BELTON — A local congressional candidate is asking the Bell County sheriff to allow volunteers into the Bell County Jail to register inmates to vote.
Louie Minor, the Democratic candidate for the District 31 U.S. House seat, told the Herald he asked Bell County Sheriff Eddy Lange to let individuals from local organizations come into the jail and register inmates who qualify to vote.
“As long as you are not a convicted felon, you can vote,” said Minor, who is running against six-term incumbent U.S. Rep. John Carter, R-Round Rock. “A lot of people in the jail are either awaiting trial or are serving time for misdemeanor crimes. It’s a civil right.”
Texas law does allow individuals convicted of misdemeanor crimes to vote, and those awaiting trial on felony charges are innocent until proven guilty, and their right to vote only gets stripped away after they are convicted. Felons can regain their right to vote once they have served their prison time and completed all probation and parole requirements.
Statewide, there does not appear to be a standard operating procedure governing who can and cannot hold voter registration drives in Texas county jails. Responding to requests for clarification from Minor, an official from the Texas Commission on Jail Standards indicated the ultimate decision rests with the county sheriffs themselves.
“The Texas Election Code is the prevailing statute, and it outlines the methods for which citizens may register to vote,” wrote Diana Spiller, TCJS research specialist. “These methods are also available to eligible inmates. The commission takes no position on this issue; therefore, the decision to conduct voter registration in county jails rests entirely with each sheriff.”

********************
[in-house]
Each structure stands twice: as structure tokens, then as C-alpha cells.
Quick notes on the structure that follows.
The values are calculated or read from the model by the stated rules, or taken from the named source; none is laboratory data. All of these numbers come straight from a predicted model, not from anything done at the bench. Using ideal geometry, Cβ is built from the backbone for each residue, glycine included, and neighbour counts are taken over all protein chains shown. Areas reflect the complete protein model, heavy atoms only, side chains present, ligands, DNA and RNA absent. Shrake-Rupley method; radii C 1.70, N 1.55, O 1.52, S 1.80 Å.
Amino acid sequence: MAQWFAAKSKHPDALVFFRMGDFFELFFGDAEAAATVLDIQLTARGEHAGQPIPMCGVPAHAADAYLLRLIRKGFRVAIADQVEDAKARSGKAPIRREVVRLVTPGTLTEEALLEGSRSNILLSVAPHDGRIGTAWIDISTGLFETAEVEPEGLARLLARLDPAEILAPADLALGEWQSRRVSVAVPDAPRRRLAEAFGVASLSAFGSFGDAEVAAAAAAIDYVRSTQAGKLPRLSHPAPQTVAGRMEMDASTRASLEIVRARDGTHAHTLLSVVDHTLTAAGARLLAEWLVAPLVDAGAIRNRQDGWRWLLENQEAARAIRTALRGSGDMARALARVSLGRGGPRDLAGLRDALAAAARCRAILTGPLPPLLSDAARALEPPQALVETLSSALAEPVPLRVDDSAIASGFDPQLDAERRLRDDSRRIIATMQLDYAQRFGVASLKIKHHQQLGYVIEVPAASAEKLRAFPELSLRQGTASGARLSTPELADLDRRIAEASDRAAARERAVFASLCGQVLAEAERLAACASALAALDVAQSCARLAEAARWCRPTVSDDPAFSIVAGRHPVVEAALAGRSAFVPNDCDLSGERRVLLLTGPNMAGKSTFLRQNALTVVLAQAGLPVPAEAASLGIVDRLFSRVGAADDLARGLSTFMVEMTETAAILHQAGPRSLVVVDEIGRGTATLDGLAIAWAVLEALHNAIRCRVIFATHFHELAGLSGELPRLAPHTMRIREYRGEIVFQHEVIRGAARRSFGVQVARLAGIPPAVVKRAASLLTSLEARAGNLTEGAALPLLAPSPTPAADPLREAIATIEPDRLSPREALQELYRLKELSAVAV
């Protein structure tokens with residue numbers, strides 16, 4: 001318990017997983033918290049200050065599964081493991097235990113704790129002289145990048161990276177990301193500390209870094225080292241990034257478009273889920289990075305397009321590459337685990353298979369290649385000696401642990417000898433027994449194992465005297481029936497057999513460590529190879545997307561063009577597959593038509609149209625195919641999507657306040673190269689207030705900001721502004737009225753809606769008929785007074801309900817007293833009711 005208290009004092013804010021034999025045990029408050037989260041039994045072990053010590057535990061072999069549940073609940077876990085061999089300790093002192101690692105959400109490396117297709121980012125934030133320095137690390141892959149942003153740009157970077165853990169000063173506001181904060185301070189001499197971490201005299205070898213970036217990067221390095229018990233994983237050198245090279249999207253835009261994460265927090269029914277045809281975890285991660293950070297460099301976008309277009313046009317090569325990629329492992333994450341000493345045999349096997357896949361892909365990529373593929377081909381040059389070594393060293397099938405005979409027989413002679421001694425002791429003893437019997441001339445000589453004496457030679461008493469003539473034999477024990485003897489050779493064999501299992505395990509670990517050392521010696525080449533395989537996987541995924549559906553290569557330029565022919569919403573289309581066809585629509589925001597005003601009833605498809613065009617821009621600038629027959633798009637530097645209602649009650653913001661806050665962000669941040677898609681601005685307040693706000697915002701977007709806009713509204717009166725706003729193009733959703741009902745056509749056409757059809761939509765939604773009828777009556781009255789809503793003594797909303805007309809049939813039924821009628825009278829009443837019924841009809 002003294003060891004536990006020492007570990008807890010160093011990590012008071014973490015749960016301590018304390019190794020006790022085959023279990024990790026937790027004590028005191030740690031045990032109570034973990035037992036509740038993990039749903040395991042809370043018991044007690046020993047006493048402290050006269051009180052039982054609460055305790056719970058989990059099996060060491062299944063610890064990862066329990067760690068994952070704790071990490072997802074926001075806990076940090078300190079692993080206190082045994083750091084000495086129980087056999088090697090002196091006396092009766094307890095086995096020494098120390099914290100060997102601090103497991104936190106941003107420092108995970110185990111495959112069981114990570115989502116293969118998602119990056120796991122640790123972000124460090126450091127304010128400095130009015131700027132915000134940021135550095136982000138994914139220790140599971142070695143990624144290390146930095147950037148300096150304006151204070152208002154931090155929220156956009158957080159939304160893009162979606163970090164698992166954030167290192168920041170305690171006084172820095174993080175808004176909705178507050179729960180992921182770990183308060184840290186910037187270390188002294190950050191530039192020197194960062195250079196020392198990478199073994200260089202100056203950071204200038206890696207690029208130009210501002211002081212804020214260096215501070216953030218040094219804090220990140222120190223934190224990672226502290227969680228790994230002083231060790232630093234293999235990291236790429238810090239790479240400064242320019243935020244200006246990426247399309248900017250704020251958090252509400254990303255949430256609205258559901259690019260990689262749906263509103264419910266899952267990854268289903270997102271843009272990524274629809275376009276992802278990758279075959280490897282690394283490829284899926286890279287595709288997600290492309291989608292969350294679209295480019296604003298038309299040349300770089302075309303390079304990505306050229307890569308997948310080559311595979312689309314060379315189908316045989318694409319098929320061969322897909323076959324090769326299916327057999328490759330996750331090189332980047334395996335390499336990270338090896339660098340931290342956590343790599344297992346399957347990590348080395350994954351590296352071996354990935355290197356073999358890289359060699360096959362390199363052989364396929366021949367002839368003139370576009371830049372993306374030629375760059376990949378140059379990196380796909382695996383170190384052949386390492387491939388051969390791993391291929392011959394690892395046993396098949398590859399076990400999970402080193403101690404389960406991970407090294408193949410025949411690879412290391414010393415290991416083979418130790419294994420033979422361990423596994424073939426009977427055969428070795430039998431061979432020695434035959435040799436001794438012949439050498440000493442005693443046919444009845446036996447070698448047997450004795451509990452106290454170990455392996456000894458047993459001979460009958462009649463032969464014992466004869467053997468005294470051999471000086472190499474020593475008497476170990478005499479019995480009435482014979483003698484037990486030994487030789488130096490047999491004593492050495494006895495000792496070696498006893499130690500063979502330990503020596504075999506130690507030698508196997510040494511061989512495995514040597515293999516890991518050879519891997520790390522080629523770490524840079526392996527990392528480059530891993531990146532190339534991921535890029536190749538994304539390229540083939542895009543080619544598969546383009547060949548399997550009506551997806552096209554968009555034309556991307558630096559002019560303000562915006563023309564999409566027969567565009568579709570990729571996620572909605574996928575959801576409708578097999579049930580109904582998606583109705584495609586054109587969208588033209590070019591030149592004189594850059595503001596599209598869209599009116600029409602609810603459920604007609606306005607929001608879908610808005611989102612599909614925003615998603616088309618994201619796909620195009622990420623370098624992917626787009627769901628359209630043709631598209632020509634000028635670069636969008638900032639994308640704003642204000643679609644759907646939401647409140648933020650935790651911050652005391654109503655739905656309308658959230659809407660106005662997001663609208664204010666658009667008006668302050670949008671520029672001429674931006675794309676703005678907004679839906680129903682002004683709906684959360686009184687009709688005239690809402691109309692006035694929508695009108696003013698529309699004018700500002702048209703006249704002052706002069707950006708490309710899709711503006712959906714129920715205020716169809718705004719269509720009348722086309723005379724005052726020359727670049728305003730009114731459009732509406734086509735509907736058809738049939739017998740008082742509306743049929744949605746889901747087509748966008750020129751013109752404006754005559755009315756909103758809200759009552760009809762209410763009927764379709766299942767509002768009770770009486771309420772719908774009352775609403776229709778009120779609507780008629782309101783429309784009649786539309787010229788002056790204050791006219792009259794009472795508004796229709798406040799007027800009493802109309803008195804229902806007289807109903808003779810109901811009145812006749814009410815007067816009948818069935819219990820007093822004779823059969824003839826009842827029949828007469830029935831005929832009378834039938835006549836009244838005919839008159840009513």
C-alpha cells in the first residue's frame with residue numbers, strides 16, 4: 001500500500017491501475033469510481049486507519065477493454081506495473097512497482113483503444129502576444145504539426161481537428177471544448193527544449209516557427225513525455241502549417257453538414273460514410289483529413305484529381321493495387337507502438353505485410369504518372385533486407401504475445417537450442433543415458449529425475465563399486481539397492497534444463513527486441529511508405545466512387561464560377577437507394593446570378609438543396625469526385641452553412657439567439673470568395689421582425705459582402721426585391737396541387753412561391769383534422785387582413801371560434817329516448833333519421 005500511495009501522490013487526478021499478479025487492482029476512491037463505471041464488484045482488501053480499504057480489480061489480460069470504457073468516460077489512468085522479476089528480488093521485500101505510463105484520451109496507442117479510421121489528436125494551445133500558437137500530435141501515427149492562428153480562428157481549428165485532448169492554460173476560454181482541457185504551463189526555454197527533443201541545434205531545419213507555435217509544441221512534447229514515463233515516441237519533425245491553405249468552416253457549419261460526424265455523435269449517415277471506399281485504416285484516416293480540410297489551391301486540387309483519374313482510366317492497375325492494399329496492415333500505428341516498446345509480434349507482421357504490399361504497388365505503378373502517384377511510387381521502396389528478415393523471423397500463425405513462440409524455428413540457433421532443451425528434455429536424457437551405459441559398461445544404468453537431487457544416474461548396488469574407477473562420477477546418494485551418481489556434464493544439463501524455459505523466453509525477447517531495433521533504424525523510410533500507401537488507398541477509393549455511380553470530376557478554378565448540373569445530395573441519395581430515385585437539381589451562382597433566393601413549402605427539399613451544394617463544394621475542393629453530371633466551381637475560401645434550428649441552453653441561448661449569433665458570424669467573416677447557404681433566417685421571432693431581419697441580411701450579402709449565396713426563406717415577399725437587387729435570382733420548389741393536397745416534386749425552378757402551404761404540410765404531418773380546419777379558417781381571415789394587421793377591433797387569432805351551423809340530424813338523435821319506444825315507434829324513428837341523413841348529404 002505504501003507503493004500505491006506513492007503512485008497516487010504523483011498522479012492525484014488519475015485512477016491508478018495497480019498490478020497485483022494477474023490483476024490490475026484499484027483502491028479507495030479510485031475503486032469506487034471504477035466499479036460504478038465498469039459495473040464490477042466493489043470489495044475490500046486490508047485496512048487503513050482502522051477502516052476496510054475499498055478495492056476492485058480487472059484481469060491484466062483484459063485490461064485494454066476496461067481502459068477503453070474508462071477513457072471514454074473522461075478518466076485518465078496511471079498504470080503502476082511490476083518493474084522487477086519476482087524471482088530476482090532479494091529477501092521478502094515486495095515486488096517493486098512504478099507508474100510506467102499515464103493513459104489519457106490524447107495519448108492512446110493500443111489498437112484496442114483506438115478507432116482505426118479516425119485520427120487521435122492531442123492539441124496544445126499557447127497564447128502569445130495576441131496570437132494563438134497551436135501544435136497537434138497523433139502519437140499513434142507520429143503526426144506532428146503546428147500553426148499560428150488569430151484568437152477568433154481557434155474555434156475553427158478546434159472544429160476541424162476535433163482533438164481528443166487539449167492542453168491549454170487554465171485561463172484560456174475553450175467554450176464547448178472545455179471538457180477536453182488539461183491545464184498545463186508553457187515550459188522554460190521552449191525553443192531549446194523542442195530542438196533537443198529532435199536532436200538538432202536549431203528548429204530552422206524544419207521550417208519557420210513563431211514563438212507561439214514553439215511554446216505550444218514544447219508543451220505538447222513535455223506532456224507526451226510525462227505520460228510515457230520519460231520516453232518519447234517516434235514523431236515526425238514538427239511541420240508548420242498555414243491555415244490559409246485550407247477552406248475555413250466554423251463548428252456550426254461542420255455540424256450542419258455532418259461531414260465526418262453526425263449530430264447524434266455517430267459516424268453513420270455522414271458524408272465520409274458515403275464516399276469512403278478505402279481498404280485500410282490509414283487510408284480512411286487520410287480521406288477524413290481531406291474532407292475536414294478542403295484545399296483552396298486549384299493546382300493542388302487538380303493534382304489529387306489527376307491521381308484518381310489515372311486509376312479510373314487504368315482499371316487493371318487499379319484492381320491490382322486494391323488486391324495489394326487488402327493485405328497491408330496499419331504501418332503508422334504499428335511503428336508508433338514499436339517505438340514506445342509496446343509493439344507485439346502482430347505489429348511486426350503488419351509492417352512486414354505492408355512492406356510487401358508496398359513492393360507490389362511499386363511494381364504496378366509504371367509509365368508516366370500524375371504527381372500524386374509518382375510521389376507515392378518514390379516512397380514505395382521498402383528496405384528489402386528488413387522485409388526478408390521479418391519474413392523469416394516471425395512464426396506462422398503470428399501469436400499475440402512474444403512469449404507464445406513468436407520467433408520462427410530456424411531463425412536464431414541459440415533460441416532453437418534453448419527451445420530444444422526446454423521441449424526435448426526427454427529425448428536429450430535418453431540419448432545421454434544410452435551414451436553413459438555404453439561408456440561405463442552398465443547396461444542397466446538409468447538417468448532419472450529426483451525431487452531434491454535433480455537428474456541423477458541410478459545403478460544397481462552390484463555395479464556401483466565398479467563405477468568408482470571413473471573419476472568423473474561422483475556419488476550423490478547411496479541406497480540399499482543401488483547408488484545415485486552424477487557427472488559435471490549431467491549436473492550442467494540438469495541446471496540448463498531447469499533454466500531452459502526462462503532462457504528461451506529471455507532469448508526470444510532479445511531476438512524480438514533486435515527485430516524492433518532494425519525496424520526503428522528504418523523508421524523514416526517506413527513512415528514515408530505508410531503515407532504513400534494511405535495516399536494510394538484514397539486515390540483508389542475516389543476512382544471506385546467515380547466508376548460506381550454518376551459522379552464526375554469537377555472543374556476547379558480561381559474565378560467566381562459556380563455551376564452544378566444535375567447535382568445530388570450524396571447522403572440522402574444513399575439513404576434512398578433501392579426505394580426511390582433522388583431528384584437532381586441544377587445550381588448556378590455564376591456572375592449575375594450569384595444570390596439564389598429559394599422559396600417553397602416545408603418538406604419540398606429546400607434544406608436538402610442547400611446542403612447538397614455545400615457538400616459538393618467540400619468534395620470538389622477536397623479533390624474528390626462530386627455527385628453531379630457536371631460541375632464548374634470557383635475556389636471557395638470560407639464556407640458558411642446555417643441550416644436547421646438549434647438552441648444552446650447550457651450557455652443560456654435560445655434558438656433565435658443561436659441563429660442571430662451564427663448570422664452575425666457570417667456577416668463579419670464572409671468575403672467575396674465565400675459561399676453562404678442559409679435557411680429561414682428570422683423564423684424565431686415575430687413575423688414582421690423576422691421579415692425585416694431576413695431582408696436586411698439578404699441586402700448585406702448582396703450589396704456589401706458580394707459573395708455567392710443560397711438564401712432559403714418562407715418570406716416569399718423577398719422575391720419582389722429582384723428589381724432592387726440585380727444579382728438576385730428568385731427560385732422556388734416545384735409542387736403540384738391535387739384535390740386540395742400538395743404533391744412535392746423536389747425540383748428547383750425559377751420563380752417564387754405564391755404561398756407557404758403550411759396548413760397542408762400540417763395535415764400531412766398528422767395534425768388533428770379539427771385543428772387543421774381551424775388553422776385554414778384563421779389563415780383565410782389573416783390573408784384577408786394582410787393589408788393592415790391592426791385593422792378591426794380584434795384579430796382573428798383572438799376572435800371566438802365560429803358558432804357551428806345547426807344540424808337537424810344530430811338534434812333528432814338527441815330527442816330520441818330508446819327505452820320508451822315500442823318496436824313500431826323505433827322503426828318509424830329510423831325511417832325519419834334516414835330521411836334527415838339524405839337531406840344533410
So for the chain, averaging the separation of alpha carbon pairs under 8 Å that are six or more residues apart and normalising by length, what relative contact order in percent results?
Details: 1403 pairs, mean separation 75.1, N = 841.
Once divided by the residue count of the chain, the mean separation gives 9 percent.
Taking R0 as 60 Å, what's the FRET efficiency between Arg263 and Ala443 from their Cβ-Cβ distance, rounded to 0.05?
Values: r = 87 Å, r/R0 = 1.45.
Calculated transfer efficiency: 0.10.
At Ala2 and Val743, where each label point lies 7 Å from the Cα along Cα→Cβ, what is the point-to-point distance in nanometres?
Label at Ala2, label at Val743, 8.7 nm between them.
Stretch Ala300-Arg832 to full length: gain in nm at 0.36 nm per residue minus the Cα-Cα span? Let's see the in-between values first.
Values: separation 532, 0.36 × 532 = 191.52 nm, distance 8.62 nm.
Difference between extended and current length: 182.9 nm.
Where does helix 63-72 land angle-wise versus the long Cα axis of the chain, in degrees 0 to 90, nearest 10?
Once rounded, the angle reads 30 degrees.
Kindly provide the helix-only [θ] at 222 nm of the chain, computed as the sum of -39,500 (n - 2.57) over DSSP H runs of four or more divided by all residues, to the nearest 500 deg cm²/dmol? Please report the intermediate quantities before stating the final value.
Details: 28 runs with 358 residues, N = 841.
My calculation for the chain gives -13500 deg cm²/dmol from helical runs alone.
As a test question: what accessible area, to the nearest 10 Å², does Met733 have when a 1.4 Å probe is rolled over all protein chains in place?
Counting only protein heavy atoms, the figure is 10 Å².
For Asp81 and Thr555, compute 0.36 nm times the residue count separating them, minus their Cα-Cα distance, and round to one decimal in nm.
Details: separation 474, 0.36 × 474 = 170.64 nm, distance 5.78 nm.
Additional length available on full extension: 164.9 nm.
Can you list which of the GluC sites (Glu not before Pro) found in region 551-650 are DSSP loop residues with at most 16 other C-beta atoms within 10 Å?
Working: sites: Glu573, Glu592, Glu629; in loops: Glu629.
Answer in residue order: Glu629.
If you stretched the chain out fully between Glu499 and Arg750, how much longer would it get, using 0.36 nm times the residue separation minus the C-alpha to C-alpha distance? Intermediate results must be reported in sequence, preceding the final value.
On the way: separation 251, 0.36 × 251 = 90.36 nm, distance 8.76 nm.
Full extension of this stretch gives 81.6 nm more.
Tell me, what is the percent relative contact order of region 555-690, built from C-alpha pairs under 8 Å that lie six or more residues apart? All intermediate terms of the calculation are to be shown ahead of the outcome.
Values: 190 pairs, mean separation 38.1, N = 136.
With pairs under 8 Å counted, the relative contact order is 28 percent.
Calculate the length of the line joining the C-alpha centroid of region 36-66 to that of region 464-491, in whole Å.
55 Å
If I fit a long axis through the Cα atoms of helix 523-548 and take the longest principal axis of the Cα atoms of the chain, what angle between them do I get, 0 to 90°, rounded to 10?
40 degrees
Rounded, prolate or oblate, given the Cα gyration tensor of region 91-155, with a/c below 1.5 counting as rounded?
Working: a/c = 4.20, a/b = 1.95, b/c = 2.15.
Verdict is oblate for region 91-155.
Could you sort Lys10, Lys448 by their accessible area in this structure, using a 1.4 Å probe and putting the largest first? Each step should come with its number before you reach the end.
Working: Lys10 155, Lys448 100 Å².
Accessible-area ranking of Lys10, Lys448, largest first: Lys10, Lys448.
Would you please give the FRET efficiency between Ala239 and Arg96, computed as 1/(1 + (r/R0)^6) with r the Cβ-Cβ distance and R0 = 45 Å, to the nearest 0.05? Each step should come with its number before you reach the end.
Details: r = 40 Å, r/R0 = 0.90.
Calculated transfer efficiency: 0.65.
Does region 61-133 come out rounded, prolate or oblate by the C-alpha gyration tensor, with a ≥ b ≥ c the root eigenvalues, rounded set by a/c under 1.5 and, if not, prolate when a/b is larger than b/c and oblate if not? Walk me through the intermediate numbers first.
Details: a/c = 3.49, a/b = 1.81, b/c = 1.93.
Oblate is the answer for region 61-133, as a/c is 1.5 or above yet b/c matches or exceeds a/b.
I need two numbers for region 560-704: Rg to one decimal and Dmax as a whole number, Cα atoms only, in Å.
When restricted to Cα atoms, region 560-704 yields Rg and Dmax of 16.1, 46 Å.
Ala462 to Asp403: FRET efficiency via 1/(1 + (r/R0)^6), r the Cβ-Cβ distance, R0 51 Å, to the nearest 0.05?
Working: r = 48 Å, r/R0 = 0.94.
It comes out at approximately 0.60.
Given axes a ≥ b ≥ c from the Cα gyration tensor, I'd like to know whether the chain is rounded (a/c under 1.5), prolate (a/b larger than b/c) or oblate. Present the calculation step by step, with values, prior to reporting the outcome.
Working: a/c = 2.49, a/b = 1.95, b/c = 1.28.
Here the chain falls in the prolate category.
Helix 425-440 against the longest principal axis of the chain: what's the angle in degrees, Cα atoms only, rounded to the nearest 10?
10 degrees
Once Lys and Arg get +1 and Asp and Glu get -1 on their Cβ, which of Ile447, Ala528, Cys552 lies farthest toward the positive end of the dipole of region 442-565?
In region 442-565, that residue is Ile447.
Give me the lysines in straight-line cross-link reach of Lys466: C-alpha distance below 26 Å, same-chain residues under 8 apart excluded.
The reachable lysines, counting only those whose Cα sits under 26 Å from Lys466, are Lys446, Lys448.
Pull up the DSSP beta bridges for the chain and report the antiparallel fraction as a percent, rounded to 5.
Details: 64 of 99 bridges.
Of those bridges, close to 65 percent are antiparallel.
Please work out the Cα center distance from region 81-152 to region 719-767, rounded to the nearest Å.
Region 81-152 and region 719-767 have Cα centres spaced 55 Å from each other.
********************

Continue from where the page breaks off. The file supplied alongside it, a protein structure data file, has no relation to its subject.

Minor said he did approach Lange’s office about the subject, but as of Friday, had not been given permission.
“He’s never told me no,” said Minor, who worked as a deputy constable under a previous Bell County sheriff. “But said he obviously had some concerns with security safety.”
Lt. Donnie Adams, a spokesman for the department, said there are already procedures in place that allow qualified inmates to register to vote.
“An inmate may request a voter registration form either by writing to the county or asking for one in an inmate request for service form,” Adams said. “Once their application is approved by (an) election administrator, a voter registration card will be mailed to the address provided by the inmate.”
Adams also indicted the need for the department to maintain safety at the jail.
“We must maintain security in the jail at all times,” Adams said. “We cannot allow anyone to come in to solicit inmates for whatever good cause.”
Minor said he was still concerned many inmates in the jail who are qualified to register to vote still won’t get a chance.
The deadline to register to vote in the Nov. 4 midterm elections is Oct. 6. Anyone mailing in a voter registration card must do so 30 days before the election, meaning time is running out for qualified Bell County inmates who have yet to request a form to register.
“They (could be) out of luck,” Minor said.
If inmates were to register to vote by a deputy registrar inside the jail, they would qualify to vote immediately.
Speaking Friday, Minor said his concern was not just for the inmates in the Bell County Jail, but the problem extends throughout the state, where county sheriffs were essentially the sole arbiters of who can and cannot enter their jails.
“This is something that can impact the entire state,” Minor said. “There’s no standard operating procedure that addresses this issue right now.”